BioPharma

Chinese-backed developer gets OK for $1B biotech campus on SF Bay

An initial $300 million injection will set the development in motion and by 2021, the entire 2.25 million square-foot site is expected to be developed.

Rendering of the planned Landing at Oyster Point development in South San Francisco, California.

Rendering of the planned Landing at Oyster Point development in South San Francisco, California.

It took eight years, a team of developers, marketers, city officials and one of China’s biggest state-backed developers. But with the infusion of $1 billion, the transformation of a stubbornly empty swath of South San Francisco waterfront real estate the size of 40 football fields into a biotech centerpiece is set to launch this year.

A joint venture led by the Los Angeles-based Greenland USA paid $171 million for the 42-acre strip of land, called the Landing at Oyster Point, nestled on the edge of the San Francisco Bay. On top of the purchase price, the venture is injecting more than $1 billion to turn the land into a large-scale office and research and development complex.

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Greenland USA said it’s too soon after the deal, announced on Aug. 18, to say just which anchor tenants they’ll court for this new complex. But the biotech direction makes sense given the industry’s growth and the city of South San Francisco’s attempts to attract life sciences businesses.

South San Francisco is home to 240 biotech companies and 11 million square feet of biotech R&D space, according to the city’s figures. The new project and several other projects in the pipeline will push that number to more than 17 million square feet.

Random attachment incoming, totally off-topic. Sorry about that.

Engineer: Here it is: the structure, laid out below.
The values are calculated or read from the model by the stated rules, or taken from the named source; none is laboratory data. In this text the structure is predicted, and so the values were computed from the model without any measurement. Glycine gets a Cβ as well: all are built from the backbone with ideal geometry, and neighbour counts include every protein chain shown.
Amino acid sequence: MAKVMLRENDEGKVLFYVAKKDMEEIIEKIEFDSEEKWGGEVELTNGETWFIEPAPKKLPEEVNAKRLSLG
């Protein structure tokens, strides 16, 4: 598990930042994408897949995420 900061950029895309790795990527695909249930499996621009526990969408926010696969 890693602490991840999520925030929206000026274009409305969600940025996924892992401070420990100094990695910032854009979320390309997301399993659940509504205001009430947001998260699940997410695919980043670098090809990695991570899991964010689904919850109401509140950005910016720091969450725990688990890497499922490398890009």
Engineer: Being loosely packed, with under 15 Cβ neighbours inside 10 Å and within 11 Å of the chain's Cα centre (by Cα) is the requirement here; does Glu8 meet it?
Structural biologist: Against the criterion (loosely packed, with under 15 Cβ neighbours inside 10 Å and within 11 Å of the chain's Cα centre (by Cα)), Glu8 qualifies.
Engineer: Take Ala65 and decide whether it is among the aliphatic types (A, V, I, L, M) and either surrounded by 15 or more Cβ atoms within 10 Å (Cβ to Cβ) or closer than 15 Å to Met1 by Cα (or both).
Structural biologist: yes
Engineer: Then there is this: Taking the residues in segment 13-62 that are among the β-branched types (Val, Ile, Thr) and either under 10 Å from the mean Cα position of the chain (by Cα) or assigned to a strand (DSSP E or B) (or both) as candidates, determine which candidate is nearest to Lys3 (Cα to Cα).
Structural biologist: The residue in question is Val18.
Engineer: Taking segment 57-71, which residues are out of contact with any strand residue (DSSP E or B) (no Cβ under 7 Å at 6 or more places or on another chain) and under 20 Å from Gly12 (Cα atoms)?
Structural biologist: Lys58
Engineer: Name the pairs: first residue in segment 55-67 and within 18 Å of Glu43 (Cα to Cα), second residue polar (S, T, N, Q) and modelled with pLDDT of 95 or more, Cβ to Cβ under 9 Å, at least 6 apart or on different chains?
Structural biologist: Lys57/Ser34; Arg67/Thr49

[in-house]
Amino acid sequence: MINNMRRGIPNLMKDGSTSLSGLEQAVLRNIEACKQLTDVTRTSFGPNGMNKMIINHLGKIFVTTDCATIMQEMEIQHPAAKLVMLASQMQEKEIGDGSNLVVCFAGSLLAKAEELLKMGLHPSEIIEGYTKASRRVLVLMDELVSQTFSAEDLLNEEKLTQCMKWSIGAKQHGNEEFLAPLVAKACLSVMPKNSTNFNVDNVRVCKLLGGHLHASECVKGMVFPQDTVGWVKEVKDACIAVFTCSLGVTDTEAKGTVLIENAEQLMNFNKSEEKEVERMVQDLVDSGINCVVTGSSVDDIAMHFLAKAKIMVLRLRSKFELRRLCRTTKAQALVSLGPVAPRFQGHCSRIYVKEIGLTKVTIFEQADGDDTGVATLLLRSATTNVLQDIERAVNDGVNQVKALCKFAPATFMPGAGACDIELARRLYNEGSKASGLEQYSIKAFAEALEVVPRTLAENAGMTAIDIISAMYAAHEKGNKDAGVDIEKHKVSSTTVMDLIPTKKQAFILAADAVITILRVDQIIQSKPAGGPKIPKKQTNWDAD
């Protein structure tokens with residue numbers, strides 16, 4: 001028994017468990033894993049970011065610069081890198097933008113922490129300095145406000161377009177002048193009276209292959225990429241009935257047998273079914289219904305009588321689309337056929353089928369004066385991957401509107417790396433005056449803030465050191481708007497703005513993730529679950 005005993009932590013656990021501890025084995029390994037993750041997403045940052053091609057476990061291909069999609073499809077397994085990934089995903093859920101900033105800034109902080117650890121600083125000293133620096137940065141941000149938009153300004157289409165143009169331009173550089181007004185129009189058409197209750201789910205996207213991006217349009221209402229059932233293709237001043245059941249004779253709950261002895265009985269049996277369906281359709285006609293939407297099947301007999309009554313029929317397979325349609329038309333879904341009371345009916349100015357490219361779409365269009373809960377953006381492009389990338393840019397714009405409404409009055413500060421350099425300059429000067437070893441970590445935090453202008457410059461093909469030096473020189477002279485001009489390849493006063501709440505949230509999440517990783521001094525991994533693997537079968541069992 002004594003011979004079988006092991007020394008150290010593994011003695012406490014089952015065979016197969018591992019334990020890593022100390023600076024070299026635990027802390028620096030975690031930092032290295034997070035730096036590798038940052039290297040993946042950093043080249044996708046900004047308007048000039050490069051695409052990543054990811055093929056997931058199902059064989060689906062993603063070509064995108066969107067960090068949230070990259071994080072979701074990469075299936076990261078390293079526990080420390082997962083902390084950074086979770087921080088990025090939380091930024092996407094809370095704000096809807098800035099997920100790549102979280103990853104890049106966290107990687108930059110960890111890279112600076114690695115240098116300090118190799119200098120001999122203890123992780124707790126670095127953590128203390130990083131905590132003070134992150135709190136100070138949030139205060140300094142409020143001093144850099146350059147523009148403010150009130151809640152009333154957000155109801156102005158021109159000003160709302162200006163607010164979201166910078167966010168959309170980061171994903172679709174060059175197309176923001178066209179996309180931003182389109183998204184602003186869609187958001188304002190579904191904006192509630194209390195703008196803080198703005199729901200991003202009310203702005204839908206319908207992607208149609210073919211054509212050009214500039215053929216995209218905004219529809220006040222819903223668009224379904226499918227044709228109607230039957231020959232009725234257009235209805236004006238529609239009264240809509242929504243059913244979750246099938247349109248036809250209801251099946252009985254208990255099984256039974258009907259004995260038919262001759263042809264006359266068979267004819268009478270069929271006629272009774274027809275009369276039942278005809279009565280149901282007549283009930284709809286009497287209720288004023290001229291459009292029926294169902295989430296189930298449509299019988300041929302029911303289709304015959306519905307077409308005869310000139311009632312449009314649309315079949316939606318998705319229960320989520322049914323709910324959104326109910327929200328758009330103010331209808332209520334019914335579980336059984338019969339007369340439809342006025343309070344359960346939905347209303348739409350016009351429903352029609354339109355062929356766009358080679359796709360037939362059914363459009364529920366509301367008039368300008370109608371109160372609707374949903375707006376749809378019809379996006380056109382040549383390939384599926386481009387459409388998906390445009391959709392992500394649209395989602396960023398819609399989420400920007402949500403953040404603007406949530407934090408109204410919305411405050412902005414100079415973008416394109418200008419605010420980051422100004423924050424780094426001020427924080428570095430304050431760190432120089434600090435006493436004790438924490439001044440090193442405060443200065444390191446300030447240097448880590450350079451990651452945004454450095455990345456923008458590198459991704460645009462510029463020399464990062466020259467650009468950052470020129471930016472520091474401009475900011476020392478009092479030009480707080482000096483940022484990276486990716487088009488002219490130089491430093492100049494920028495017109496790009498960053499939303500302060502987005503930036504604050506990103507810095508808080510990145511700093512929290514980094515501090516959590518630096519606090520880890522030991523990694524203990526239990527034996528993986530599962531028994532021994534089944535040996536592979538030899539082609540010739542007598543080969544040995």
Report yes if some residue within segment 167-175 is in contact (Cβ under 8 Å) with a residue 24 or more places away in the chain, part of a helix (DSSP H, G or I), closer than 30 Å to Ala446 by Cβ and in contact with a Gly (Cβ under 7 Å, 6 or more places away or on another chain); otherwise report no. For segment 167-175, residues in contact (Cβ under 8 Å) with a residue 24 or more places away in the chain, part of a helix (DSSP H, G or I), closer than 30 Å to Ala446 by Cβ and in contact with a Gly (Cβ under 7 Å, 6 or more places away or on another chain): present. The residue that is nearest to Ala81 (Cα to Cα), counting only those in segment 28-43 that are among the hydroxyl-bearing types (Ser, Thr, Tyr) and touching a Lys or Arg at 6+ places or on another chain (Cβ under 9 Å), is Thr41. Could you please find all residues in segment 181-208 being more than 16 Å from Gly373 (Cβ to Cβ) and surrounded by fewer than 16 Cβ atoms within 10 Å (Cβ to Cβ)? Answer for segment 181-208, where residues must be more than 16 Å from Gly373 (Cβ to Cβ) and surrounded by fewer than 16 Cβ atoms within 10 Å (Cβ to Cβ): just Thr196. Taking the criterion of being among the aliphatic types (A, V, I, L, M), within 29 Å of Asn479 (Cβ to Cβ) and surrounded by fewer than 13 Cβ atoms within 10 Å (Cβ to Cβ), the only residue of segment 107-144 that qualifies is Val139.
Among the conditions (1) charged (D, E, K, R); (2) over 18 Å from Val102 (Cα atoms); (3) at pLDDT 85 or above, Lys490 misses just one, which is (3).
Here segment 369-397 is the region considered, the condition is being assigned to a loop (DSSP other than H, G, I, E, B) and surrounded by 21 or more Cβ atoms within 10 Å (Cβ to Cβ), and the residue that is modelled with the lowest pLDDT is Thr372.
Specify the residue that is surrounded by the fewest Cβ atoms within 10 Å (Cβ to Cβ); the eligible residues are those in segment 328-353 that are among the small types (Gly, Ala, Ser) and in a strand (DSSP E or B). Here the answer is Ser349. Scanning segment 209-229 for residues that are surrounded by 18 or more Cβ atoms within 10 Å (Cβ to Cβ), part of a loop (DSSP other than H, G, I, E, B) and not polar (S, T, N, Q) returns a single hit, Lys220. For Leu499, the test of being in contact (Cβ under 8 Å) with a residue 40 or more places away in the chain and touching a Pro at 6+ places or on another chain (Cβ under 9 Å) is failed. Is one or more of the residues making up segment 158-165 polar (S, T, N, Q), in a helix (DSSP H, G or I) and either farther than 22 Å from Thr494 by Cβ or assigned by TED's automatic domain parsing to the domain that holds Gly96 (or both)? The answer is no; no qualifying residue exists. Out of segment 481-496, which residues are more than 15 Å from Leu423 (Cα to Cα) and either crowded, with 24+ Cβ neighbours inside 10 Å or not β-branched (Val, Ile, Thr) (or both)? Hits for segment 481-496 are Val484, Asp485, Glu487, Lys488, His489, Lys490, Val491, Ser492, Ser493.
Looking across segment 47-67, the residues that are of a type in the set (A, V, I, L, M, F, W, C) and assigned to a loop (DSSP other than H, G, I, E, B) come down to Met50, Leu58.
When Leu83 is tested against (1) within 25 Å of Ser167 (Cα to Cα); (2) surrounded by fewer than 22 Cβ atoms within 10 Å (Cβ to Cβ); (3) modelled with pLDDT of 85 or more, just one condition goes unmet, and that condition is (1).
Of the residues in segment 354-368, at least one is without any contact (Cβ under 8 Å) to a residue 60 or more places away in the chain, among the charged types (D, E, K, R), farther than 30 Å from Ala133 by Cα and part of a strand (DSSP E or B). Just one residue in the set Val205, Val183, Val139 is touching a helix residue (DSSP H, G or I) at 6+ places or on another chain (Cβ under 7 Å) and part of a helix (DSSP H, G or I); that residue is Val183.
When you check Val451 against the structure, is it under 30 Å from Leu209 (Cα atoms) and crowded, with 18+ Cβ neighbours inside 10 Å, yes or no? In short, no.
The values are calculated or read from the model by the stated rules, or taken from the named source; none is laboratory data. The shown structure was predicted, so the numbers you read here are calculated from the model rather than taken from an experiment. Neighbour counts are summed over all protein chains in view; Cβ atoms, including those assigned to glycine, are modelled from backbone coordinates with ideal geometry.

“We have the largest biotech cluster in the world,” South San Francisco City Manager Mike Futrell said by telephone.

But the Greenland project will mark the largest single development in South San Francisco. “We are very excited,” Futrell said.

Neighbors of the future tenants include Calico Labs, a life sciences spinoff of Alphabet (Google’s parent holding company, which is based nearby in Mountain View, California), and the therapeutics company, Amgen. The site sits next to a Johnson & Johnson’s JLab, Merck, Pfizer and the headquarters of biotech giant Genentech. They’re surrounded by research universities and laboratories like Stanford, UCSF and UC Berkeley.

An initial $300 million injection will set the development in motion, Futrell said. They’ll start with 508,000 square within the next 12 months and bring in another 1.7 million square feet of biotech office space on the heels of the first buildings.

They’ll work their way toward developing the entire 2.25 million square-foot site by 2021, Futrell said.

The City of South San Francisco will be contributing $30 million from the state’s now-defunct redevelopment funding program, originally aimed at combating blight. The money was allocated to development projects before California Gov. Jerry Brown dissolved the redevelopment program in 2012.

Futrell said the money will pay for infrastructure work, such as sewage and roads, for the Greenland site. That work will spill over onto 32 acres of adjacent city-owned land at the tip of the peninsula on which the development is situated.